Several panelists echoed Mullen’s point that shooting film taught them a discipline that has been invaluable in the digital world, and they also noted that the money saved up front by shooting digitally is frequently matched — and often exceeded — by what is spent in postproduction when massive amounts of data are delivered. “With digital, the director often says, ‘Just let it roll,’ and that creates a [huge amount] of data,” Bennett said. “Somewhere in that 22 minutes is the 18 seconds the director wanted.”
Cundey urged the students to “learn about technology, but don’t let it outsmart you. You can get cameras that do the exposure and focus for you, but forget all that automatic stuff. You have to walk in and ask, ‘What should the audience see in this scene?’ It’s about knowing the science and understanding how to apply it artistically.”
Another student asked how much a cinematographer should expect a director to know about cinematography. “There are many types of directors,” said Mullen. “Some are passionate about images, and others are passionate about performances or other aspects of the process. They all have their interests, strengths and weaknesses, so it’s hard to generalize.”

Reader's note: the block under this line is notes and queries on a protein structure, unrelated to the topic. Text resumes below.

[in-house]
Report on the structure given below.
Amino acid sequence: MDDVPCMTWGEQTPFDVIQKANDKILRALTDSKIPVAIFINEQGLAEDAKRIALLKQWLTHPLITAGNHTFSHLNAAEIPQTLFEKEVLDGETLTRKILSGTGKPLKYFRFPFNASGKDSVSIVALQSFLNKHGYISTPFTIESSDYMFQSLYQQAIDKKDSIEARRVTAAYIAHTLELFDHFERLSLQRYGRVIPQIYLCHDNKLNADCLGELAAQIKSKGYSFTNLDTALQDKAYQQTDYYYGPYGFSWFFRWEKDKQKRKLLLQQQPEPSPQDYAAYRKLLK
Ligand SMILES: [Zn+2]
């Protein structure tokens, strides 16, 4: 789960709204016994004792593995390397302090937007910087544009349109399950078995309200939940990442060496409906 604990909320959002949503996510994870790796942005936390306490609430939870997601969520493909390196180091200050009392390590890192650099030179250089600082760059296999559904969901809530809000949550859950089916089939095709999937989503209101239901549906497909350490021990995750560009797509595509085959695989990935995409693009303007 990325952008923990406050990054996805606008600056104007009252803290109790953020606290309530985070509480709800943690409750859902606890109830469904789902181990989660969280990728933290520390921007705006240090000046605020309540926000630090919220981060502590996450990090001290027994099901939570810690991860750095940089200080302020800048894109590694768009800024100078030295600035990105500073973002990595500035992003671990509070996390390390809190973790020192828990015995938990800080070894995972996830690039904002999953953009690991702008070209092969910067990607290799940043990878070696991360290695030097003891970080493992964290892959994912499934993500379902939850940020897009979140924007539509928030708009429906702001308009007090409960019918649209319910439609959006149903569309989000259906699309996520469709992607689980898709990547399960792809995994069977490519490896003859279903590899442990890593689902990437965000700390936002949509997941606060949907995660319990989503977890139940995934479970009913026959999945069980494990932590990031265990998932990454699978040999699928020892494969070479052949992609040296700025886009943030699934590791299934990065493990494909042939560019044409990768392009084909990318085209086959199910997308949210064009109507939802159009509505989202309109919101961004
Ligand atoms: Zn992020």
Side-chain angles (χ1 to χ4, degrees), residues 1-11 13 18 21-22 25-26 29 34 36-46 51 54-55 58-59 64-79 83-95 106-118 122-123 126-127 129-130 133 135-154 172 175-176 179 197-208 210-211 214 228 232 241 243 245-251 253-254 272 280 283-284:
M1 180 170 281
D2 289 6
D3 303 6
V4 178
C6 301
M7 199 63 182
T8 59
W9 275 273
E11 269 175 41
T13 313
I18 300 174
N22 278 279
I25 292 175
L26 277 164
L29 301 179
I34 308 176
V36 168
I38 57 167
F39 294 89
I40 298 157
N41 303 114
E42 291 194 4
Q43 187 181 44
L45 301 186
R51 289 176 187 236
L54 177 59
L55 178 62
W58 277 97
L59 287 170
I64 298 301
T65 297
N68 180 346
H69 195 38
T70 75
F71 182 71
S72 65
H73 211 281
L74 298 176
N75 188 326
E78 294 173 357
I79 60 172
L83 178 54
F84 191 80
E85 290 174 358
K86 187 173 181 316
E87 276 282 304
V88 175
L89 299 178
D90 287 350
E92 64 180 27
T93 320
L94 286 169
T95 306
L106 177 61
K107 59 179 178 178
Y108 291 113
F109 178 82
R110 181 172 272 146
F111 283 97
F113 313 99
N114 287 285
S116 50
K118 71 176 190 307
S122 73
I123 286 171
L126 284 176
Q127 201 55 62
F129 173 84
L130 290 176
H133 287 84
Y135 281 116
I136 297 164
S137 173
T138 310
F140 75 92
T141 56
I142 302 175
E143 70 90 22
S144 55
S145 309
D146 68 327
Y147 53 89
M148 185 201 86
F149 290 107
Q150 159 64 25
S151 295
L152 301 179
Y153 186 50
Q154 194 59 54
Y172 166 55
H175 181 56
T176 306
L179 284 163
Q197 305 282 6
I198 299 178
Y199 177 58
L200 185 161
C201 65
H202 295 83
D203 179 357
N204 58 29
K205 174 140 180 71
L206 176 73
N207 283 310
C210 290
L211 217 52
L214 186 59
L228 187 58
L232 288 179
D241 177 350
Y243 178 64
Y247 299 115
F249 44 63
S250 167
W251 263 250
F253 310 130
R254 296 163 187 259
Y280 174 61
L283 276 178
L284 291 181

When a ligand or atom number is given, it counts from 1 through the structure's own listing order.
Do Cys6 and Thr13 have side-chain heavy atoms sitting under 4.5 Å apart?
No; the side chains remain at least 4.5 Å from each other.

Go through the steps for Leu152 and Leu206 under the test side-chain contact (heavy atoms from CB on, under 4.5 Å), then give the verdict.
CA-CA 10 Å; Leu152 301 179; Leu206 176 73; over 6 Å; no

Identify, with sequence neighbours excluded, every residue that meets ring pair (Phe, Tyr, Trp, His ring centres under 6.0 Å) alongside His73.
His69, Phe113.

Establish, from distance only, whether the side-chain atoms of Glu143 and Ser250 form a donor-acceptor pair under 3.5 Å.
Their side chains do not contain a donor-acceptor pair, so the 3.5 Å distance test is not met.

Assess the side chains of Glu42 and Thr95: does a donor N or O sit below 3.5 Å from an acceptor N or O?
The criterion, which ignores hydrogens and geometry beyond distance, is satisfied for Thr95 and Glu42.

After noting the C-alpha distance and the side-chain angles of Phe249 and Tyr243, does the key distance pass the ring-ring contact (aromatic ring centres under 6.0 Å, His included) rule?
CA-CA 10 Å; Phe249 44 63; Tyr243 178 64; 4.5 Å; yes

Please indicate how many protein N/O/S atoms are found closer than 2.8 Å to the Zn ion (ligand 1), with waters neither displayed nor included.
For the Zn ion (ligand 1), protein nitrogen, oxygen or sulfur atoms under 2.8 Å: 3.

Minsky said he expects the director to know what the story is about, and how each scene relates to the others. “As a cinematographer, I can offer different suggestions for how to achieve what the director wants, but I can’t tell the director what the story is about; he or she has to know that. I’ve had good experiences with directors who didn’t know anything about lenses; they knew the story and understood what each scene was about.”
Cundey added, “There is one skill I really admire in a director: the ability to see the movie in your mind. Directors should be able to do that.”
Primes said he looks for two seemingly contradictory things in a director: “The director should truly, deeply understand the story, the mood and how the viewers’ emotions will be touched; and the director should also be open minded to suggestions from his or her collaborators. To just do it your way is to forfeit the genius of all the other people working with you.”
Medencevic emphasized that establishing trust with the director, the actors and other key collaborators “is the most valuable thing you can do — it’s key to the creative process.”
“Learn to understand people,” Cundey advised. “Before you speak, stop and ask yourself whether what you’re about to say will be helpful or offensive.”
Bennett added, “A producer once told me something I wished I’d learned earlier: ‘Never pass up the opportunity to keep your mouth shut. No one will remember what you didn’t say.’”